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Opinion Column
For the week of April 18 through April 24, 2001

Finally, airport bus rides to end

Commentary by Pat Murphy

Regulars who travel in and out of Hailey’s Friedman Memorial Airport know the drill.

Lousy weather socks in the airport. So, outbound travelers are bused to Twin Falls to board flights there, and travelers bound for here land at Twin Falls to be bused to Hailey.

Could it be this nightmare is headed for the dustbin of history?

By next fall, the airport should have a new navigation aid ¾ a Transponder Landing System ¾ allowing pilots to defy weather that once closed the airport.

When the ceiling now is less than 2,500 feet and visibility down to five miles, the relatively primitive non-directional beacon (NDB) pilots use for a simple course direction at Friedman isn’t much help for getting through scud.

But the new TLS will convert a four-digit radio code into a cockpit instrument display that allows pilots to track a vertical localizer needle and a horizontal glide scope needle to or from the runway, when the ceiling is down to 800 feet and visibility is two miles, and thus avoid obstructions and terrain.

But this doesn’t take care of another perpetual beef: the demand for faster, larger jet service for the Wood River Valley.

Jim Breeze, flight operations director of SkyWest Airlines, tells me once again that SkyWest’s 50-passenger Challenger jet can’t economically operate out of Hailey.

Primarily, the Challenger’s wing lift design is not suited for operating out of higher-altitude mountain airports such as Hailey (altitude 5,315 feet above sea level). Instead of 50 passengers, flights would have to be limited to 30 to lighten gross takeoff weight, thus making operations unprofitable.

Even the grumps who complain about no jet service should be happy with the new landing system to end inconvenient busing detours.



Boise Police Chief Don Pierce said something during a Sun Valley workshop on the home-brewed drug methamphetamine that stood out as a strong argument for those who’re dead set against legalizing marijuana, even for medicinal purposes.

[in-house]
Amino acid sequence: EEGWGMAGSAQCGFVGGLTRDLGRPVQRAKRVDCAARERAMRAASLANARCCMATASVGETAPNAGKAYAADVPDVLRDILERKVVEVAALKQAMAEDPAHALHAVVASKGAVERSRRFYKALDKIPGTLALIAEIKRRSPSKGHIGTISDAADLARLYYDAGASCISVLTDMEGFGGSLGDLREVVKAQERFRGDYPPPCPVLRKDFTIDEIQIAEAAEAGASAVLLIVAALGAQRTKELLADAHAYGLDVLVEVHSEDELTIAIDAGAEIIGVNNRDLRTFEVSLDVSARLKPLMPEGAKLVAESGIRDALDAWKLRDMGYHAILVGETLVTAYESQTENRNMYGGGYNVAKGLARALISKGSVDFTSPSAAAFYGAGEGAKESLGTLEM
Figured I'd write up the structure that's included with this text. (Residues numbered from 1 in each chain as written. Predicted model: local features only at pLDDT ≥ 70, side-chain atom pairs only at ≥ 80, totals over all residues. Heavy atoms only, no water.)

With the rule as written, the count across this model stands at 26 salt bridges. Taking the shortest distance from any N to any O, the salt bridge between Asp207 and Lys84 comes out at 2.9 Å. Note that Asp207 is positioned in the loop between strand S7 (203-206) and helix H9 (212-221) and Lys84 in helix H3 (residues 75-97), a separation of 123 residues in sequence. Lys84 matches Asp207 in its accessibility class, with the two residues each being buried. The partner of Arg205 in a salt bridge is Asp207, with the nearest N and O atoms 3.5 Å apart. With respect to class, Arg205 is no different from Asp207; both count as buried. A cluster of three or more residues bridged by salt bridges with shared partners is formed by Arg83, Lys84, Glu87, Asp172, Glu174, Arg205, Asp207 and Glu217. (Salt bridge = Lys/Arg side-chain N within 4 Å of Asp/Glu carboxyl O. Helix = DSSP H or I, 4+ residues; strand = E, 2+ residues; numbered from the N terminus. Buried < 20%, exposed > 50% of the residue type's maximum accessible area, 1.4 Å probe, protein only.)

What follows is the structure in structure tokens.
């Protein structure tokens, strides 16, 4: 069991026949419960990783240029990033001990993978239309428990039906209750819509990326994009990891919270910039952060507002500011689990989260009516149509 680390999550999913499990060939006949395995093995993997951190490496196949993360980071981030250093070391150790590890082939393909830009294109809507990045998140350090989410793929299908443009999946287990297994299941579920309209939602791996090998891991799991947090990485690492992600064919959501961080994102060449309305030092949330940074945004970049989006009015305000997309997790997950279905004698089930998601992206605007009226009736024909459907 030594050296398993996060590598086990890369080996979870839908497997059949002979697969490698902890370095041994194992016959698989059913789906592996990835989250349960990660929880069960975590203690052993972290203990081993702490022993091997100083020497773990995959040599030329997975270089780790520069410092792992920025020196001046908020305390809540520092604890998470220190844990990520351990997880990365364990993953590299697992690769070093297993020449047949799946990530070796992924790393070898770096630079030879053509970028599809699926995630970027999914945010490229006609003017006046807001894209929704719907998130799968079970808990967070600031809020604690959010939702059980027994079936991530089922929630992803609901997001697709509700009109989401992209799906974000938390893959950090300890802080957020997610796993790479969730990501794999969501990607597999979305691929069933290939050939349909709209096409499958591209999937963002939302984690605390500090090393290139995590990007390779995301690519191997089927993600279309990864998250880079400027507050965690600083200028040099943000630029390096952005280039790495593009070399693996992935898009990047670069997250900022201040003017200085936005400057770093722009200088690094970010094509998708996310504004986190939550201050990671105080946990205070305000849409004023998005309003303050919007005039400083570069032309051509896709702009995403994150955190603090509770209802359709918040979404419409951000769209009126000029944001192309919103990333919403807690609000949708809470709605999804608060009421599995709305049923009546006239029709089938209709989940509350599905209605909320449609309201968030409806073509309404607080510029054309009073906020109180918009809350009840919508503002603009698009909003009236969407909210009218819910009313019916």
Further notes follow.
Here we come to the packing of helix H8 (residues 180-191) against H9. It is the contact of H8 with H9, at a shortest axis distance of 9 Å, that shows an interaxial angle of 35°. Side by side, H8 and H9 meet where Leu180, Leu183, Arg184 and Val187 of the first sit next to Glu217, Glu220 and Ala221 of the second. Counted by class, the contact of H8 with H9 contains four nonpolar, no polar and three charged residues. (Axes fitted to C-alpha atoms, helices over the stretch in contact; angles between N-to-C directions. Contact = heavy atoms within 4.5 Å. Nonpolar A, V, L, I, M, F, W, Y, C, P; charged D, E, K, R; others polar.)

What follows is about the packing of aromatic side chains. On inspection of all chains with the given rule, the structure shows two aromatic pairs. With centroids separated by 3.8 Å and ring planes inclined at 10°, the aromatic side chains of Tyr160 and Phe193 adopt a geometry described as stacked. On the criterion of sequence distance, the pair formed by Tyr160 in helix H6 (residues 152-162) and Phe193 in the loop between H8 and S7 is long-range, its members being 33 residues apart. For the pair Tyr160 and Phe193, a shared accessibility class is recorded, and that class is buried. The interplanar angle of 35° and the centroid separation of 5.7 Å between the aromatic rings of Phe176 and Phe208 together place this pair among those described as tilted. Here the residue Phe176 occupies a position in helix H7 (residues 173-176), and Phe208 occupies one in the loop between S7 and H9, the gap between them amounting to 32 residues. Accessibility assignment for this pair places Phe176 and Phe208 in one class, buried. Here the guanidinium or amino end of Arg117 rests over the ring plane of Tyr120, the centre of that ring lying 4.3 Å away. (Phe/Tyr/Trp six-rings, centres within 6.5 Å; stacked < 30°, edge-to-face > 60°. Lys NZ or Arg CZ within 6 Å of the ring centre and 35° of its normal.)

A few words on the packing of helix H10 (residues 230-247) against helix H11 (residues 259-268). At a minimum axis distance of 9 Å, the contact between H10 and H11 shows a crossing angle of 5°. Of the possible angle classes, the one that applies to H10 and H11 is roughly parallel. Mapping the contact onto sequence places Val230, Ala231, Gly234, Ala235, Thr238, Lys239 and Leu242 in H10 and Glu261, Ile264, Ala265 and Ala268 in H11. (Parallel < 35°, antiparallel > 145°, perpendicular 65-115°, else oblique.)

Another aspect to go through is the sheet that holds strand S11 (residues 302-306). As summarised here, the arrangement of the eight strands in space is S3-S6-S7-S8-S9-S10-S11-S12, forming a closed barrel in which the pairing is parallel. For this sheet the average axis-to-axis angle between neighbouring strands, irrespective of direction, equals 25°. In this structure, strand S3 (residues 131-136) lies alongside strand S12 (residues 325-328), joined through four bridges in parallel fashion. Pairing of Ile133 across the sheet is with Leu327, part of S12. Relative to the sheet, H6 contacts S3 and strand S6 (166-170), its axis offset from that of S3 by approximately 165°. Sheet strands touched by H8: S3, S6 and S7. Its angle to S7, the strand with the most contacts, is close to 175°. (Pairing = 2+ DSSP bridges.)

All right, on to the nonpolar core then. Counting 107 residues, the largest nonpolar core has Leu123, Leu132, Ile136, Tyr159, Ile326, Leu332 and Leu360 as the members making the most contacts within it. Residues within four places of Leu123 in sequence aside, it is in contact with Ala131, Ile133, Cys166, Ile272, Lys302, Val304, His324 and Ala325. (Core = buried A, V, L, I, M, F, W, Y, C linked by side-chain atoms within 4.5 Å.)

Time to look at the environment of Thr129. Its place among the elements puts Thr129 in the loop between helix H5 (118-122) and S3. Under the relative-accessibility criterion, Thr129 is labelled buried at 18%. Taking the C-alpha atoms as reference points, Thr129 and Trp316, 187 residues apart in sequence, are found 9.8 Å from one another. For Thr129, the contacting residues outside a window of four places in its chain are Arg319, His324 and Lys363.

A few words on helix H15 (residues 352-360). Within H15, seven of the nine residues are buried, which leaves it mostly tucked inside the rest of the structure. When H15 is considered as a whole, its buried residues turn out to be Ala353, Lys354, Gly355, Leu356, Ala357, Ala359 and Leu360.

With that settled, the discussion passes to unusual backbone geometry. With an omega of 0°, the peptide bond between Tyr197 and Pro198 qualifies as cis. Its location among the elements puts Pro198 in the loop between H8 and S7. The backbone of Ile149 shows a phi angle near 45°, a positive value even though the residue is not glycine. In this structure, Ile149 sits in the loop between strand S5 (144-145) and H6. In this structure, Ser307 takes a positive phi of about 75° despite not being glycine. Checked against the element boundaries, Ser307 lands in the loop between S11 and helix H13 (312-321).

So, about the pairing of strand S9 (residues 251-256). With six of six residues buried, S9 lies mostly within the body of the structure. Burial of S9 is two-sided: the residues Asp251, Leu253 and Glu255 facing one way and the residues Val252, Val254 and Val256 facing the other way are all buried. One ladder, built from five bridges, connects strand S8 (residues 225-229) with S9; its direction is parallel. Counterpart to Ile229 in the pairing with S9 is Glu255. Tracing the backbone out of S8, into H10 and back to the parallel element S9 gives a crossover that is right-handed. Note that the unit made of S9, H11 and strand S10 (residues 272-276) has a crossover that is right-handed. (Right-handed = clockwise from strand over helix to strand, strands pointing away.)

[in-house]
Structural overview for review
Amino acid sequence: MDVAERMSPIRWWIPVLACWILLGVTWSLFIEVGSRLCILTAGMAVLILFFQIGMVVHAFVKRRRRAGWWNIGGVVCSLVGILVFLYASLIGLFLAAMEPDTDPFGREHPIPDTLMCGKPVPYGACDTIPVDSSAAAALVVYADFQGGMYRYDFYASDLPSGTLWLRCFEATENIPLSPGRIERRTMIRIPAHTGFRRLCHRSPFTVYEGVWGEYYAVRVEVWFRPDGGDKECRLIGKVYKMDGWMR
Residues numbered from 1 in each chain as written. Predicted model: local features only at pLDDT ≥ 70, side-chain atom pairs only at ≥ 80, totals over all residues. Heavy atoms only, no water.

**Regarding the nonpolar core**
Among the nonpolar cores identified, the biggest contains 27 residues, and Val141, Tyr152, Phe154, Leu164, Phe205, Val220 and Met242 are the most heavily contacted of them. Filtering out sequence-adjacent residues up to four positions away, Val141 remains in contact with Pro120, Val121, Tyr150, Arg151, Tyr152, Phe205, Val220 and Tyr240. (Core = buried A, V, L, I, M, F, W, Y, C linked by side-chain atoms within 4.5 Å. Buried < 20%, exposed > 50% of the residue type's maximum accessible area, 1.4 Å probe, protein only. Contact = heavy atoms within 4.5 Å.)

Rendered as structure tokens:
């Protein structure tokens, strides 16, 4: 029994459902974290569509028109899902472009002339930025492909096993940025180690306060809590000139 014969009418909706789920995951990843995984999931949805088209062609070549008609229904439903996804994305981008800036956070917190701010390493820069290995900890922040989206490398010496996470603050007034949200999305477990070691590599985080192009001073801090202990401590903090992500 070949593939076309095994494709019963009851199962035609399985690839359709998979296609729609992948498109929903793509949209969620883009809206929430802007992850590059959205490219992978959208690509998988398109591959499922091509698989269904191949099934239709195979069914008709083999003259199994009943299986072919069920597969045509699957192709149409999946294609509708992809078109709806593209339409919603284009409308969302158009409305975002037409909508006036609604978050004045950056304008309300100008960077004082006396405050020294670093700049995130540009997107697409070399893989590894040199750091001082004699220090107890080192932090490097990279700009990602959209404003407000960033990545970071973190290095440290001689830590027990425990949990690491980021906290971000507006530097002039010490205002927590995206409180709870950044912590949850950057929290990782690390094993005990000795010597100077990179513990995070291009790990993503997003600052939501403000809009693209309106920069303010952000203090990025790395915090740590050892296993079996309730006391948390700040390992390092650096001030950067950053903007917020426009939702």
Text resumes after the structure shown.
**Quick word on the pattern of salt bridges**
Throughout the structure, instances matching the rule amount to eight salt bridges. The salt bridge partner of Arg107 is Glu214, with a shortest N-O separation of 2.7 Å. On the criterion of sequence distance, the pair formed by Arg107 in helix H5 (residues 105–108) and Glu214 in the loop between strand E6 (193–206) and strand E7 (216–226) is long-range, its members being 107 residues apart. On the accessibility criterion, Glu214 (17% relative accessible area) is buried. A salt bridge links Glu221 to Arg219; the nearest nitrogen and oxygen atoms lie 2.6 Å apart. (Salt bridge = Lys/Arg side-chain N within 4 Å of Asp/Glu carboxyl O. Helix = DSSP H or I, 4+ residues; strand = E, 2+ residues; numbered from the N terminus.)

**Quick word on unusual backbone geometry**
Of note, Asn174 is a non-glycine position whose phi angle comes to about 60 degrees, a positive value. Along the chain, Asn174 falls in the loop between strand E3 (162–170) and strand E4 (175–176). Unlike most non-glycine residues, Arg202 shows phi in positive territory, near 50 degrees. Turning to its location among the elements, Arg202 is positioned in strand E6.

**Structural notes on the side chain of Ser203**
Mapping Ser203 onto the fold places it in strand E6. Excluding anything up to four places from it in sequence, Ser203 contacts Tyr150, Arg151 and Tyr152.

Pierce asked what kind of message would be delivered to young people if suddenly a drug that’s branded as no good as well as unlawful is then okayed for health use?



Not all U.S. businesses have joined President Bush in his scheme to blame the environment and a phony energy "crisis" as a way of turning back the clock on sensible regulations.

For one, the Amana company, manufacturers of home appliances, appealed to the president not to abandon the planned higher energy-saving standard for washers and dryers. Amana plans to make machines using 30 percent less energy anyway, rather than the 20 percent that the president believes is adequate.

Anyone who believes the president doesn’t have environmental and energy policies is misinformed: his policies, including a handful of rebukes to the environment, are to gamble away a generation of progress and pander to industries who’ve reigned as polluters in the good ol’ days.

If Bush’s policies turn out to be poisonous to health and the environment, a future president is bound to reinstate regulations that’ll be even costlier for industries who hope to profit handsomely from Bush’s laxity.





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Copyright © 2001 Express Publishing Inc. All Rights reserved. Reproduction in whole or in part in any form or medium without express written permission of Express Publishing Inc. is prohibited.